The Great Dying Over 250 Million Years Ago Was Followed By More Extinction Events

Posted: Mar 17 2017, 5:42am CDT | by , in News | Latest Science News

 

The Great Dying over 250 Million Years Ago was Followed by More Extinction Events
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Recovery after the world's worst mass extinction, or "Great Dying" that occurred about 252 million years ago, was slowed by two other extinction events, says a study.

The Earth has experienced five mass extinctions in its history that killed the majority of species living on the planet at the time.

The end-Permian extinction or "Great Dying" was the worst, with an estimated 95 per cent of marine life and 70 per cent of terrestrial life perishing.

The end-Permian extinction also had the longest recovery time of any mass extinction, lasting five million to eight million years.

In a paper, published in the journal PLOS ONE, the researchers studying marine fossil beds in Italy provide the first combined fossil and geochemical evidence for two distinct extinction events following the end-Permian that probably played a role in the slow recovery.

This study is a step toward understanding how life forms survived during the extinctions, which could help scientists understand how modern ocean life evolved and how it might respond to climate change in the future, said lead study author William Foster from The University of Texas in Austin in the US.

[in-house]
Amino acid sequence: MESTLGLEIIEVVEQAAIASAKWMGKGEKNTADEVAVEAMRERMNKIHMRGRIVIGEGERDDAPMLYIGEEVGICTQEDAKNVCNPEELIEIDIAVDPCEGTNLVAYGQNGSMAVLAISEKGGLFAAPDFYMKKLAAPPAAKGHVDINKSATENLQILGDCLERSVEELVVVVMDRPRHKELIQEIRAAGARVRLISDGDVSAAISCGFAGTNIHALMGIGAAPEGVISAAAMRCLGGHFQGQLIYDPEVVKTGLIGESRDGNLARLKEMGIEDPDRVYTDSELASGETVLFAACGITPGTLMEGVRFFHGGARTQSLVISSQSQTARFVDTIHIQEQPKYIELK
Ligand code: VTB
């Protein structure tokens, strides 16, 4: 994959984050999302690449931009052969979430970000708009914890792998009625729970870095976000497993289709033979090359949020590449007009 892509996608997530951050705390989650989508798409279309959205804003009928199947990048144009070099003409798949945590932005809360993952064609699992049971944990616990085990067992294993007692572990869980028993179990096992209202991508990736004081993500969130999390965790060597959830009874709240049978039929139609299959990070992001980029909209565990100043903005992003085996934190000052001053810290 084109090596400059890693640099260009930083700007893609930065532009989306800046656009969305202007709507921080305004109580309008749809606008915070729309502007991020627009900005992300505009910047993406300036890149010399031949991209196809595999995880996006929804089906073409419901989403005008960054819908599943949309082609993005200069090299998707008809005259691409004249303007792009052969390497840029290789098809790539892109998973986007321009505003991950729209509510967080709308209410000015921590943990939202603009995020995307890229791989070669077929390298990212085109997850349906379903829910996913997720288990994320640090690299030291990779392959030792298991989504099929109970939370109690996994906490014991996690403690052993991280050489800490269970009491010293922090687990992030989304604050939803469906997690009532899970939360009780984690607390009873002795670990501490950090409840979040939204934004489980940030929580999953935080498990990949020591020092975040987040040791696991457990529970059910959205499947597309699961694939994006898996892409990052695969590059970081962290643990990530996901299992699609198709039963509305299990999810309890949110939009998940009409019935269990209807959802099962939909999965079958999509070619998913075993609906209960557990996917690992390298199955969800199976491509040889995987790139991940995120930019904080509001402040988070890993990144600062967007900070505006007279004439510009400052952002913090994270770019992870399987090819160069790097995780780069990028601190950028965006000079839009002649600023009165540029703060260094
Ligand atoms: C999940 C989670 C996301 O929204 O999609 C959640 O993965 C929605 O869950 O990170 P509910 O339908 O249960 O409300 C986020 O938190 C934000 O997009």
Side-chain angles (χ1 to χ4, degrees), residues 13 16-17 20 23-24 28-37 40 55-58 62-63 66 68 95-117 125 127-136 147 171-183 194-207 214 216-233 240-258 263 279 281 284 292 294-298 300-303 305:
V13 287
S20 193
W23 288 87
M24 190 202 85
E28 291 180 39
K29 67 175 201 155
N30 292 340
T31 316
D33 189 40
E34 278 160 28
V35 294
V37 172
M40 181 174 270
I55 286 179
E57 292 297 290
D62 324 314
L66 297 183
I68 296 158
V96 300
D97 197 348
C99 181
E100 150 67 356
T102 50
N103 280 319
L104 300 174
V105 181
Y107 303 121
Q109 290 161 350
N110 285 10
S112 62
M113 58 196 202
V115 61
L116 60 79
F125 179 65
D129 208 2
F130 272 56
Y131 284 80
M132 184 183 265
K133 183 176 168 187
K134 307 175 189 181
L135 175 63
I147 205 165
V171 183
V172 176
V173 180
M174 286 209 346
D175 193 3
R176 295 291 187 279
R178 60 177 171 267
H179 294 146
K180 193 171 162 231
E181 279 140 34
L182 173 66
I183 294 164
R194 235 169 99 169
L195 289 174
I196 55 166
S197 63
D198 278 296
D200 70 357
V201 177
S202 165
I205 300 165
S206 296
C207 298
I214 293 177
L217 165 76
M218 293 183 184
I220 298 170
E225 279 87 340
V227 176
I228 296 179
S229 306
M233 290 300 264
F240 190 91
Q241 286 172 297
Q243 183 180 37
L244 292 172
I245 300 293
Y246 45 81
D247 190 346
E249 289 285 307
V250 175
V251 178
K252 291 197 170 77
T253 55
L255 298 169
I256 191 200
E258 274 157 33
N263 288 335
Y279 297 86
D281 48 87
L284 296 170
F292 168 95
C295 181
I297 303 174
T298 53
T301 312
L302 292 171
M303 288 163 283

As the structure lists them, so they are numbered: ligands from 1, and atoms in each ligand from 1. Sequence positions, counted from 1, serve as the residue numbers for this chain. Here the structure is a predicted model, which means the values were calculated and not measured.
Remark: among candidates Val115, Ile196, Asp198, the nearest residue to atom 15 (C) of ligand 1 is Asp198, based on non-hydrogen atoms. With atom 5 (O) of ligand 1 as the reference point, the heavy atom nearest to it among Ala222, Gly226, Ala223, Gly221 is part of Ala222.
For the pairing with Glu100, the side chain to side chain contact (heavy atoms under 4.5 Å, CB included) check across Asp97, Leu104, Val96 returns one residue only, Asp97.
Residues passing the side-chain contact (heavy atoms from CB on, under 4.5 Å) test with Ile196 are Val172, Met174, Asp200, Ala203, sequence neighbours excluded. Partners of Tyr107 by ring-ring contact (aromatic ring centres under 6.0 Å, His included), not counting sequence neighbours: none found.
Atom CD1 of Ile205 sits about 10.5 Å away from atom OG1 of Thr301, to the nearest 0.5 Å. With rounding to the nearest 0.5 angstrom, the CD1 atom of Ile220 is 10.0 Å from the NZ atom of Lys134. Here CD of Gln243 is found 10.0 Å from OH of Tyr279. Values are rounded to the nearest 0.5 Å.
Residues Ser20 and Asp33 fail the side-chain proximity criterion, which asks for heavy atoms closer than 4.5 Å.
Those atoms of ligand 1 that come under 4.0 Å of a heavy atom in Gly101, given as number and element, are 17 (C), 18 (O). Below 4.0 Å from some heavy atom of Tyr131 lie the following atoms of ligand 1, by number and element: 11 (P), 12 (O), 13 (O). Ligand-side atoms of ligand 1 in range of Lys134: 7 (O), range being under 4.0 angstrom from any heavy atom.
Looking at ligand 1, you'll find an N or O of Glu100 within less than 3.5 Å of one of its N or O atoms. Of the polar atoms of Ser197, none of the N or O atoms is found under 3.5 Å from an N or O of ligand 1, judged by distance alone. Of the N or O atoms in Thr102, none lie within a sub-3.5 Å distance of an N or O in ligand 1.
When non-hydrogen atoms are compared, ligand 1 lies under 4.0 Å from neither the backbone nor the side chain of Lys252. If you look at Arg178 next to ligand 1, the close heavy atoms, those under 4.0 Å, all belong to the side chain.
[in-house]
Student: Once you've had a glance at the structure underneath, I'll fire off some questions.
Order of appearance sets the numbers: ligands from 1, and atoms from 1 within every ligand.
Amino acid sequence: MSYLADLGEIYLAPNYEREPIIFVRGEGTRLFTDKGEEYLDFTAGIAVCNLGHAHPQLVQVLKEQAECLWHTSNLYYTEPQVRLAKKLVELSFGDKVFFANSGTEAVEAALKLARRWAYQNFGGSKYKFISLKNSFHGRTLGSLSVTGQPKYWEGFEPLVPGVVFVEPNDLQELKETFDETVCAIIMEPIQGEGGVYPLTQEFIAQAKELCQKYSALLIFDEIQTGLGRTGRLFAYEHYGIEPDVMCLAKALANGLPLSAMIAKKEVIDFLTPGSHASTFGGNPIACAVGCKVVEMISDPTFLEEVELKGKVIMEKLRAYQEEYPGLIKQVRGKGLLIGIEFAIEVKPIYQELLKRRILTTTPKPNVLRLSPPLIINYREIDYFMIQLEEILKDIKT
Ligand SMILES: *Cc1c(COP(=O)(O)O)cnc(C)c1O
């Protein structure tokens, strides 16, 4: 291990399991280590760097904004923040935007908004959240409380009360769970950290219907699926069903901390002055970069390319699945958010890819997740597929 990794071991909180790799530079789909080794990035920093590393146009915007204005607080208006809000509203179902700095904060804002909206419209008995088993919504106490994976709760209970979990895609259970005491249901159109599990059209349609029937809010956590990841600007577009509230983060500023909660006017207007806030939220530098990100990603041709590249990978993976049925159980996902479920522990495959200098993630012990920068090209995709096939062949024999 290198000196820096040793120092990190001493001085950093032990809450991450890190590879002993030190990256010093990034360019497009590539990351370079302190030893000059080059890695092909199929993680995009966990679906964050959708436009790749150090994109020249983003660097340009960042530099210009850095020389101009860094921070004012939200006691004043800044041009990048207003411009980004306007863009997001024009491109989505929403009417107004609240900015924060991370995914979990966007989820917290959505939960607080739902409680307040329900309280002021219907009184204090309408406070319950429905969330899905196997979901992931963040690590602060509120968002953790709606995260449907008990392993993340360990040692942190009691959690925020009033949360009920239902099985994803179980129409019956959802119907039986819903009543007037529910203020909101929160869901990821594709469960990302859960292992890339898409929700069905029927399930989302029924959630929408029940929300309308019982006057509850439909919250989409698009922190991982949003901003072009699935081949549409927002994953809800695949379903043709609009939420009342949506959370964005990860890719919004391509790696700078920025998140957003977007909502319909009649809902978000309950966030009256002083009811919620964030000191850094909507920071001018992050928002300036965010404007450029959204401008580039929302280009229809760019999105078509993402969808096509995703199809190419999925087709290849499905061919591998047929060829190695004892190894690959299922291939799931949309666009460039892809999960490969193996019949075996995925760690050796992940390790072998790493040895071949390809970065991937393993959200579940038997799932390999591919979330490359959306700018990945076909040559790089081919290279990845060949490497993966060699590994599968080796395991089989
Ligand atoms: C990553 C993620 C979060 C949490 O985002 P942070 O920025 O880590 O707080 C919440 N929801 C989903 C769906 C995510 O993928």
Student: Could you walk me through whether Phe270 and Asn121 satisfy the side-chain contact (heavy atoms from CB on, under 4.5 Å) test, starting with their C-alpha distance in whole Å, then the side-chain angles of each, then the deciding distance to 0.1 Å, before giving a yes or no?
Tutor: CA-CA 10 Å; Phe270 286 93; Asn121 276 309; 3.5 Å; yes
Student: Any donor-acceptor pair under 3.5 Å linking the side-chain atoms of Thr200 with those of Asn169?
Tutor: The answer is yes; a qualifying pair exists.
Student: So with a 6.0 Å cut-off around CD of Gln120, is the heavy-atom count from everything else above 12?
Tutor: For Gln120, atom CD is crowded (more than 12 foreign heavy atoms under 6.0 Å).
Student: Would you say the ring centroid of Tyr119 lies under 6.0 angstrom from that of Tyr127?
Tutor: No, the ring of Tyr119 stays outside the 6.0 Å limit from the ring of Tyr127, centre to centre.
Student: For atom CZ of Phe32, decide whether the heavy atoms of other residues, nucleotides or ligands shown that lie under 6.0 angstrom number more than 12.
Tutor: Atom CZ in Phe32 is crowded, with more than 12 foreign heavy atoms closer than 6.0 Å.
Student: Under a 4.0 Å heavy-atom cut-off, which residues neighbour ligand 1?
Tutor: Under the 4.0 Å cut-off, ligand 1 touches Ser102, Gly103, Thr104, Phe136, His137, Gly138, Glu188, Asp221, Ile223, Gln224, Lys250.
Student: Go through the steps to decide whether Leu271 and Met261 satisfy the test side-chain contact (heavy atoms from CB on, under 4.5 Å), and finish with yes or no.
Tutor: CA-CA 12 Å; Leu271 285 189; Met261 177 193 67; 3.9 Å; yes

"The early evolution of modern marine ecosystems happened during the recovery period of these extinction events," Foster said.

"Looking at how they responded back then gives us an idea of how they'll respond to similar factors in the future," Foster added.

The researchers said that the extinction events were linked to climate change caused by massive volcanic activity.

After the second extinction event, the fossil record shows an increased ecological diversity.

This is a sign, researchers said, that the environmental stresses that limited recovery from the first extinction event and instigated the second were beginning to lessen.

Studying how sea life responded to climate change in the past can help prepare for the potential effects of ongoing and future climate change, Foster said. 

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